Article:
Judge Upholds Key Parts of Alabama’s HB 56 Immigration Law
September 29, 2011 By Staff
Today in Latin America
Top Story — In a striking blow to immigration activists, a U.S. federal judge Wednesday upheld key parts of a controversial Alabama law aimed at stemming the flow of undocumented immigrants into the state. Rejecting the federal government’s request to block certain provisions and, in theory, paving the way for the Supreme Court to rule in favor of state’s passing their own immigration laws, U.S. District Judge Sharon Blackburn in the Northern District of Alabama upheld the provision requiring police “to make a reasonable attempt” in determining the immigration status of a person they stop. Judge Blackburn’s ruling also upholds the requirement that public schools determine if students were born outside the U.S. or are children of undocumented immigrants. However, Blackburn did enjoin other sections of the law, including blocking a clause that made it a misdemeanor crime for an undocumented immigrant to apply for work. Widely regarded as the nation’s strictest immigration legislation to date, Wednesday’s ruling on the Alabama law could encourage other states to push for their own tough, immigration bills. The Obama administration, however, argues that immigration enforcement is a federal issue and federal courts have so far blocked laws in Arizona, Utah, Indiana and Georgia in recent months.
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Headlines from the Western Hemisphere
- Mexico’s Supreme Court upheld a provision of Baja California’s state constitution that says life begins at conception, scoring a victory for pro-life advocates in the country.
- Mexico City received Wednesday its first batch of all-electric taxi cabs, as part of agreement between the city and the car maker Nissan to promote the use of environmentally friendly vehicles.
- U.S. immigration officials said Wednesday that they arrested 2,901 criminal immigrants in the last week.
- The United States and Cuba have both said in the last week that they are interested in improving relations, but obstacles remain.
- Haitian President Michel Martelly’s plan to revive the country’s disbanded military has run into opposition, partly over the issue of how the force would be financed, with Haiti’s government still dependent on international donors.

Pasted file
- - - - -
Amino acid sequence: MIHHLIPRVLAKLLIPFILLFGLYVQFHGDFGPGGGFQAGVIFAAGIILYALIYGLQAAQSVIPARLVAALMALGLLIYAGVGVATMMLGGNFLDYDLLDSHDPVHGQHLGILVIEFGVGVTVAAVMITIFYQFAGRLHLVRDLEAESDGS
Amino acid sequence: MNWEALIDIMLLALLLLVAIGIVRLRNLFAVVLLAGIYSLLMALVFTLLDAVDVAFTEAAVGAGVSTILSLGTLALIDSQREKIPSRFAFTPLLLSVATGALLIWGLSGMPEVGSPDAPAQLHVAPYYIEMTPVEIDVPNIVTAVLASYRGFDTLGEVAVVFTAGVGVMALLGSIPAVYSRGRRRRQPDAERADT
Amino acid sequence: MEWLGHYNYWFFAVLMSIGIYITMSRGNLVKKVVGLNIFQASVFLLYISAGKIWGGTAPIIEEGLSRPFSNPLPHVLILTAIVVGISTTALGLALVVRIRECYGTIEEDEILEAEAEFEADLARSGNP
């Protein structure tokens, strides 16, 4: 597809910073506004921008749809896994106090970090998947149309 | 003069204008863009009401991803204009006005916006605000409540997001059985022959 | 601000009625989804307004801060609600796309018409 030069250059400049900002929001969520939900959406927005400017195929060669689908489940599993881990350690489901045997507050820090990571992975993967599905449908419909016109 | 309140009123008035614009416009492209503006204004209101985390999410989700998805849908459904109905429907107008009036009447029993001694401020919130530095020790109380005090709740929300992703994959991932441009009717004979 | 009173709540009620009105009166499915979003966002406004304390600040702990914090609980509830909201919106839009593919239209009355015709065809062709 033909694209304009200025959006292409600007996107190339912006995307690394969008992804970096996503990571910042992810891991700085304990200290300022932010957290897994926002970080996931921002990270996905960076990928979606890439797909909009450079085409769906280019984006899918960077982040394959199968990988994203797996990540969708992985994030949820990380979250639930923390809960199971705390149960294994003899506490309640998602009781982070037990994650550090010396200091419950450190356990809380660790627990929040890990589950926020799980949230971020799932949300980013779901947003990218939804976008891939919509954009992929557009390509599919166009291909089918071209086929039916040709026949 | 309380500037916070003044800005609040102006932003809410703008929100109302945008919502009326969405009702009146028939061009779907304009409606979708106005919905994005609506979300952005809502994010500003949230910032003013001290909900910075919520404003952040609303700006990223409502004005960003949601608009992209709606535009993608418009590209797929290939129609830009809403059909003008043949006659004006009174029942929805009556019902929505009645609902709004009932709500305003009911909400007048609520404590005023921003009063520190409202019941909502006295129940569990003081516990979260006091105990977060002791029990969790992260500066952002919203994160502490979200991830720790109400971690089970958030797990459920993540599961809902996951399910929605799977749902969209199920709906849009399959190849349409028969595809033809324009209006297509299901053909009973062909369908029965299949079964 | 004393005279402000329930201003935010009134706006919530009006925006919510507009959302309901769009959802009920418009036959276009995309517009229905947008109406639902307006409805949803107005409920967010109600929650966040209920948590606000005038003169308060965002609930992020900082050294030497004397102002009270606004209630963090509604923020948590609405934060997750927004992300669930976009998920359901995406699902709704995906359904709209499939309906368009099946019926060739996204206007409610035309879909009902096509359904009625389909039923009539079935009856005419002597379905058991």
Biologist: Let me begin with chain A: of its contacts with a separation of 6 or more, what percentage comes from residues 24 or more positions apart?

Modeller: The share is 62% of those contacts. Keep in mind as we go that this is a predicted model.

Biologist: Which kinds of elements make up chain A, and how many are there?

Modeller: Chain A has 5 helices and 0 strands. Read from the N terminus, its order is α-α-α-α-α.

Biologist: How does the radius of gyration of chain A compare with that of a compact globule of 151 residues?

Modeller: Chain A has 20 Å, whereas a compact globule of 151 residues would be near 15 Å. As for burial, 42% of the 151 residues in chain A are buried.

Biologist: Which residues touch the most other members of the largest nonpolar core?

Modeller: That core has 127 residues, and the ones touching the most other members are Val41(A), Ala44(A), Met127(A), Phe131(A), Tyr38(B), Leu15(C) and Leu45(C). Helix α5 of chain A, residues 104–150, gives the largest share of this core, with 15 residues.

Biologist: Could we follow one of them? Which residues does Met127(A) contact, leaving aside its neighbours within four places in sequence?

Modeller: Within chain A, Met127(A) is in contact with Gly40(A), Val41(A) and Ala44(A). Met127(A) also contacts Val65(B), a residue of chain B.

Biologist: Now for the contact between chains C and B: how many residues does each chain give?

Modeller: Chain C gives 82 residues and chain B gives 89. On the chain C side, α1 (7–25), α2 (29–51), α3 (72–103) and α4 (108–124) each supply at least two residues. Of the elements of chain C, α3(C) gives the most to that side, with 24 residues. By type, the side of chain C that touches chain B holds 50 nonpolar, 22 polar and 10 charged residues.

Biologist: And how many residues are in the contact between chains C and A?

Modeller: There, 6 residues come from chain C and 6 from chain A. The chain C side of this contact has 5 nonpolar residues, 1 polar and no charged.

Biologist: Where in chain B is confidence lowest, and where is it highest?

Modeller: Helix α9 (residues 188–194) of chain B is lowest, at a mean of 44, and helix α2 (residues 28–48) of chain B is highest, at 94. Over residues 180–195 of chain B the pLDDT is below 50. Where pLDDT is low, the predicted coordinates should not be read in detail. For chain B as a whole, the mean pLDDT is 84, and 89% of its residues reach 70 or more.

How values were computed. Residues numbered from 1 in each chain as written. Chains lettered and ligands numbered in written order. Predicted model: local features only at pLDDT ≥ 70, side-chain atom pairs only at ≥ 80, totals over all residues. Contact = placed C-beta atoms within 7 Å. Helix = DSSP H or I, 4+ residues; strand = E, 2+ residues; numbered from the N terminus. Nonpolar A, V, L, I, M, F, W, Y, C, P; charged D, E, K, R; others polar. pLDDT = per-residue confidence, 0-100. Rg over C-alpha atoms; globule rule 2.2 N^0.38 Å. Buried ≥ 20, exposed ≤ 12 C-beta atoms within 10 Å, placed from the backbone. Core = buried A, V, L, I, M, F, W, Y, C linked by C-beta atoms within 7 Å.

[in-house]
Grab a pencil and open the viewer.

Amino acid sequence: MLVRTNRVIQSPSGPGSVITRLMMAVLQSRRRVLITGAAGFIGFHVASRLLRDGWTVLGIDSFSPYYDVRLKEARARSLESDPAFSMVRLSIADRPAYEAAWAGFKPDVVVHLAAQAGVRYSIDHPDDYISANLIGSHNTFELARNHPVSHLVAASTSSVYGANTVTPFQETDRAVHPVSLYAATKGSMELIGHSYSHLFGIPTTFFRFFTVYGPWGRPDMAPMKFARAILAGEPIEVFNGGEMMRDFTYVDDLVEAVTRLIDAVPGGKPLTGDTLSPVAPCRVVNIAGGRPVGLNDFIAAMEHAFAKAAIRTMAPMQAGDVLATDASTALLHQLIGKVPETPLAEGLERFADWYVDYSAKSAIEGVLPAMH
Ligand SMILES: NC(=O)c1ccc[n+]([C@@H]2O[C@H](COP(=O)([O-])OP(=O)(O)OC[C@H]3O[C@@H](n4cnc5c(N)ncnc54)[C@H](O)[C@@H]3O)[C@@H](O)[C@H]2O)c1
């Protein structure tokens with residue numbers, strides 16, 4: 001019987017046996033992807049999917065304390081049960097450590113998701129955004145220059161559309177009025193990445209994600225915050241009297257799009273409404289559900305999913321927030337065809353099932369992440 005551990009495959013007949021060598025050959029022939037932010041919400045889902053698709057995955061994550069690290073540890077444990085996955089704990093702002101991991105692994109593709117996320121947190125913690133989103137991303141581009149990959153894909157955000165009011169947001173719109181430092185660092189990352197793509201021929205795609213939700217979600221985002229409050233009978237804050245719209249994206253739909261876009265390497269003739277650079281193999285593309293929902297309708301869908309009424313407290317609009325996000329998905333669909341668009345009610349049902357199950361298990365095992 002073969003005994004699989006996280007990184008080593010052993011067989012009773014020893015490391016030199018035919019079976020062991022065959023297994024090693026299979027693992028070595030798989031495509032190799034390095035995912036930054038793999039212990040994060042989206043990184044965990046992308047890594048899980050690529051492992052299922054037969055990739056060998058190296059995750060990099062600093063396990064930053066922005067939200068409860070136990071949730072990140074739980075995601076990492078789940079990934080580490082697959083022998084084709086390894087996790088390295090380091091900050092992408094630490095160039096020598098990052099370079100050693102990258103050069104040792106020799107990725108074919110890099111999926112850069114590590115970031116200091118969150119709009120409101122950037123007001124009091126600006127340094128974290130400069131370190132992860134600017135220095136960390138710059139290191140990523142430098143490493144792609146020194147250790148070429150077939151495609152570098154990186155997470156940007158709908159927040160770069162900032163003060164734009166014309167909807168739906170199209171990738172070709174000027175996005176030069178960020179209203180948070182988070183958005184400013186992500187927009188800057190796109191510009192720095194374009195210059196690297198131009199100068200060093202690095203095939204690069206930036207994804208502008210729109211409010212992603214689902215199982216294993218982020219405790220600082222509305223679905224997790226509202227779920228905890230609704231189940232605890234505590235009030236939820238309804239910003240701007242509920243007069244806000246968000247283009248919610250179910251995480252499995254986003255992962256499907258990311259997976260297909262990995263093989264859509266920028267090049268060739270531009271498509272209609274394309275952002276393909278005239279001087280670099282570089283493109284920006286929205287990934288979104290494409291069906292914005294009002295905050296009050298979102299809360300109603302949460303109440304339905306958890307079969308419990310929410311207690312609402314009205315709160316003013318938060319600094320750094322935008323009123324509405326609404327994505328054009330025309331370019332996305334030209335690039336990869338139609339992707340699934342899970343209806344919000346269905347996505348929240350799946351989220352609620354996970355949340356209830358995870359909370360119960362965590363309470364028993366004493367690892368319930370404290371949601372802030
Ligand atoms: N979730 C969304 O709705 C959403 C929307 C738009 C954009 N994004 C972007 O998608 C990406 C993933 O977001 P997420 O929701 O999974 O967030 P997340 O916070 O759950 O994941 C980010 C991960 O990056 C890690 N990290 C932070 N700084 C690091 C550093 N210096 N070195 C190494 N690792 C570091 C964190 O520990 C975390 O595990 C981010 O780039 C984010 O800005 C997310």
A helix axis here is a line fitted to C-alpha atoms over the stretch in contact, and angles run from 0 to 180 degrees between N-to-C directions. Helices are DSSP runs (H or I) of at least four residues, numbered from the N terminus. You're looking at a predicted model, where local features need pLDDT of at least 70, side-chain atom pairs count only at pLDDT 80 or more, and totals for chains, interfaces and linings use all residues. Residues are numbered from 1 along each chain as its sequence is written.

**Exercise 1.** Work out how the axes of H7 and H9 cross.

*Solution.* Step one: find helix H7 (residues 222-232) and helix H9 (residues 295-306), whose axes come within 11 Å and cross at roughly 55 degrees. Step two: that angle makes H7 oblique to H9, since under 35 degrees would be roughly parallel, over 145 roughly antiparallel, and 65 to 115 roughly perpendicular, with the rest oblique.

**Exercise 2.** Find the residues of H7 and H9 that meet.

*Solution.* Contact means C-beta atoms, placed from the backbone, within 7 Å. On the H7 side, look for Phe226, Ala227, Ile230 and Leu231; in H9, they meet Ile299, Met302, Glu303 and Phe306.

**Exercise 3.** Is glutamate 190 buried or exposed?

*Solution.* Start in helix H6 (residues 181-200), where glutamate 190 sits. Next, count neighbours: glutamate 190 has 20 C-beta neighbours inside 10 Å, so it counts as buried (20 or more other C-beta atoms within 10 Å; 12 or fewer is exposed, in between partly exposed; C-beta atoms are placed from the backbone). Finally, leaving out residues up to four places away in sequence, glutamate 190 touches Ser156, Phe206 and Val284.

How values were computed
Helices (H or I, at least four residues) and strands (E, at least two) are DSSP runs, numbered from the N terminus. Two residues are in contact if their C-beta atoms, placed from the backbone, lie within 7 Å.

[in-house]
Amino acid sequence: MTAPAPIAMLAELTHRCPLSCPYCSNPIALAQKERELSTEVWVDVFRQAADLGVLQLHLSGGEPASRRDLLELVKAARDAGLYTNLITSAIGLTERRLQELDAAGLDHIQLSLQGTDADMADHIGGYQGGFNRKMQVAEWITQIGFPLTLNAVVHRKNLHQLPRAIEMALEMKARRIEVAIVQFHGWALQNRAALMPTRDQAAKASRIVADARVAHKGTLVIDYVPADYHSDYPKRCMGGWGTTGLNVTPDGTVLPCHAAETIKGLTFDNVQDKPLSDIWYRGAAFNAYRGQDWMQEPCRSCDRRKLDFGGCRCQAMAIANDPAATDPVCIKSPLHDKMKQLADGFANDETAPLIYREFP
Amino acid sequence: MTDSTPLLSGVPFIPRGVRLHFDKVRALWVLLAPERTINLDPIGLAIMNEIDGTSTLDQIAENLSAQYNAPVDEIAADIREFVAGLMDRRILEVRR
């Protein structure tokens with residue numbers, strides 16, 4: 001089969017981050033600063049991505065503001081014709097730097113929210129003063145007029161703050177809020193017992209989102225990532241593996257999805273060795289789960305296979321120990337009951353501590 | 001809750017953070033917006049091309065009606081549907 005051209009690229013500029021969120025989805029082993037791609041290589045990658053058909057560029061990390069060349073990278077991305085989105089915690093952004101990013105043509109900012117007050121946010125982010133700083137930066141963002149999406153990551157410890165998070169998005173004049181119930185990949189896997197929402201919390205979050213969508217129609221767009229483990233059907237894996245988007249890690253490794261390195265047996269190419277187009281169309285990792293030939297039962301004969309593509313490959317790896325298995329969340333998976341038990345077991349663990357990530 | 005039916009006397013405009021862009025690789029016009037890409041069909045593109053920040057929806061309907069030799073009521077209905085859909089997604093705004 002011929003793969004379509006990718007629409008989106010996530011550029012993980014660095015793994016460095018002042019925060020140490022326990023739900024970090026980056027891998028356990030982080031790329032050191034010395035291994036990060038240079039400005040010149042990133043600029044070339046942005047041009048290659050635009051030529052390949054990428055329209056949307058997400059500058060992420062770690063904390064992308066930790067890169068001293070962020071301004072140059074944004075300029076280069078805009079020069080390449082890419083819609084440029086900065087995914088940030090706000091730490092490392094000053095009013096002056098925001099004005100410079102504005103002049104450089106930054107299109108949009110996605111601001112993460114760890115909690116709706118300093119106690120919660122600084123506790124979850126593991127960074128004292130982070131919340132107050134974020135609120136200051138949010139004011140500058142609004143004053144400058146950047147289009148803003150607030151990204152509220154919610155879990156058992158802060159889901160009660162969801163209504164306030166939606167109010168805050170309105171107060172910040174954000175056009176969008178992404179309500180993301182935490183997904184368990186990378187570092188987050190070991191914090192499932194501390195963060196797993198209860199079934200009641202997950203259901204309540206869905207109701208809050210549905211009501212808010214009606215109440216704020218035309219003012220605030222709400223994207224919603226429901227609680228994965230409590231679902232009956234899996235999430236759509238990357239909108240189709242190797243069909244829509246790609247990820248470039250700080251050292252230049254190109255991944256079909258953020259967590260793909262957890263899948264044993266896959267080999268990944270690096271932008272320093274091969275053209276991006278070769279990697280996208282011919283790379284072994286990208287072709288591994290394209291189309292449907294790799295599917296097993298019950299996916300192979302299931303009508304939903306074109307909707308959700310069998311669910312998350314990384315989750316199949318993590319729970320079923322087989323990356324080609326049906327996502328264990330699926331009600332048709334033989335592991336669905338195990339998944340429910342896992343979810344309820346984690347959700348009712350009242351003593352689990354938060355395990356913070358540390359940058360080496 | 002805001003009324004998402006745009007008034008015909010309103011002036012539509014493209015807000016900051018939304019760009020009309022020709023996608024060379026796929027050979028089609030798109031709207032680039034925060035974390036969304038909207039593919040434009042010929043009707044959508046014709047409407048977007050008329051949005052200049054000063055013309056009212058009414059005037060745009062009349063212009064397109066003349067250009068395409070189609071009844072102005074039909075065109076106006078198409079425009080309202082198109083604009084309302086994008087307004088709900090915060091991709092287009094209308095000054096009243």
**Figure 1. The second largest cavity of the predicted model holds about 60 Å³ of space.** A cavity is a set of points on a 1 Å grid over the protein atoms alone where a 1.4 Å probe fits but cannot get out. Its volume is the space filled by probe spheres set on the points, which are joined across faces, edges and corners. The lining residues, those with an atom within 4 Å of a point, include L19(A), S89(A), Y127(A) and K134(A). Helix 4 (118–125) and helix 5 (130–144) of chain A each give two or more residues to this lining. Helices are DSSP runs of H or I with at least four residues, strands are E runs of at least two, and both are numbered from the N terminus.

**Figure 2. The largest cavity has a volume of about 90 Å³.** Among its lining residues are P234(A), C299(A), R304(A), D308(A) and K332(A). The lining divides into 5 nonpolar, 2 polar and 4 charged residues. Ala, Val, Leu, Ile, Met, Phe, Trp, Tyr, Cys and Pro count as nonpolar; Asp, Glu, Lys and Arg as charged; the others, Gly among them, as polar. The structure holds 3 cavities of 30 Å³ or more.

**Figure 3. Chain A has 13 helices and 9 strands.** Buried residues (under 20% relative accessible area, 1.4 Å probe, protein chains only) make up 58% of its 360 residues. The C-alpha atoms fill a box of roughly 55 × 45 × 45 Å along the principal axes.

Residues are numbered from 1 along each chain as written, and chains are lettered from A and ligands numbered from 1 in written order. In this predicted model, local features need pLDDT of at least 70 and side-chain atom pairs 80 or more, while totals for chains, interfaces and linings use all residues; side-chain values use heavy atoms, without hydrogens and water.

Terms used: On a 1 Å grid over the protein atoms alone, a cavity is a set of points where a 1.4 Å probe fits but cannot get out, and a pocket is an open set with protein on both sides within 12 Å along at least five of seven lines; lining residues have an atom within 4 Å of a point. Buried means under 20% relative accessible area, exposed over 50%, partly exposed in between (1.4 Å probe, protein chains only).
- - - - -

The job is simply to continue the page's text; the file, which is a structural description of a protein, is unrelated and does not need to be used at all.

- Jamaica’s Finance Minister Audley Shaw said Greece should follow his country’s example by restructuring the national debt as a first step toward solving its economic crisis.
- A German man killed his wife, young daughter and three pets before hanging himself in a wealthy neighborhood in the Dominican Republic, police said Wednesday.
- A mayor in the troubled, north-central Guatemalan state of Alta Verapaz was murdered late Monday night by unidentified gunmen.
- Honduras’ Democratic Unification Party plans to form an alliance with the country’s Popular Resistance Party (PRP) once the PRP registers to become a an official political party.
- The United Nations said that rural poor in Nicaragua will benefit from projects aimed at building small businesses and enhancing productivity.
- Bolivian Interior Minister Sacha Llorenti became the third senior government official to resign on Tuesday after Sunday’s crackdown on demonstrators protesting the construction of a major highway through the rainforest on indigenous land.
- The Twitter accounts of at least nine prominent critics of Venezuelan President Hugo Chávez have been targeted by a group of hackers who call themselves “N33”.
- A British inquest into a plane crash in Peru last October that killed six, including four British passengers, show that the senior pilot had higher-than legal amounts of alcohol in his blood.
- Chilean students involved in more than 4 months of protests agreed on Tuesday to sit down to talks with the government over education reforms, though protests will continue.
- A sixty-year feud by three families in Brazil’s Rio Grande do Norte state has resulted in the deaths of at least 95 people, according to authorities.
- Investigators searched the offices of Argentina’s popular River Plate soccer club on Tuesday along with the offices of the Argentine Football Association, following a federal suit against the club for fraud and money laundering.
Image: Ken Blackwell @ Flickr.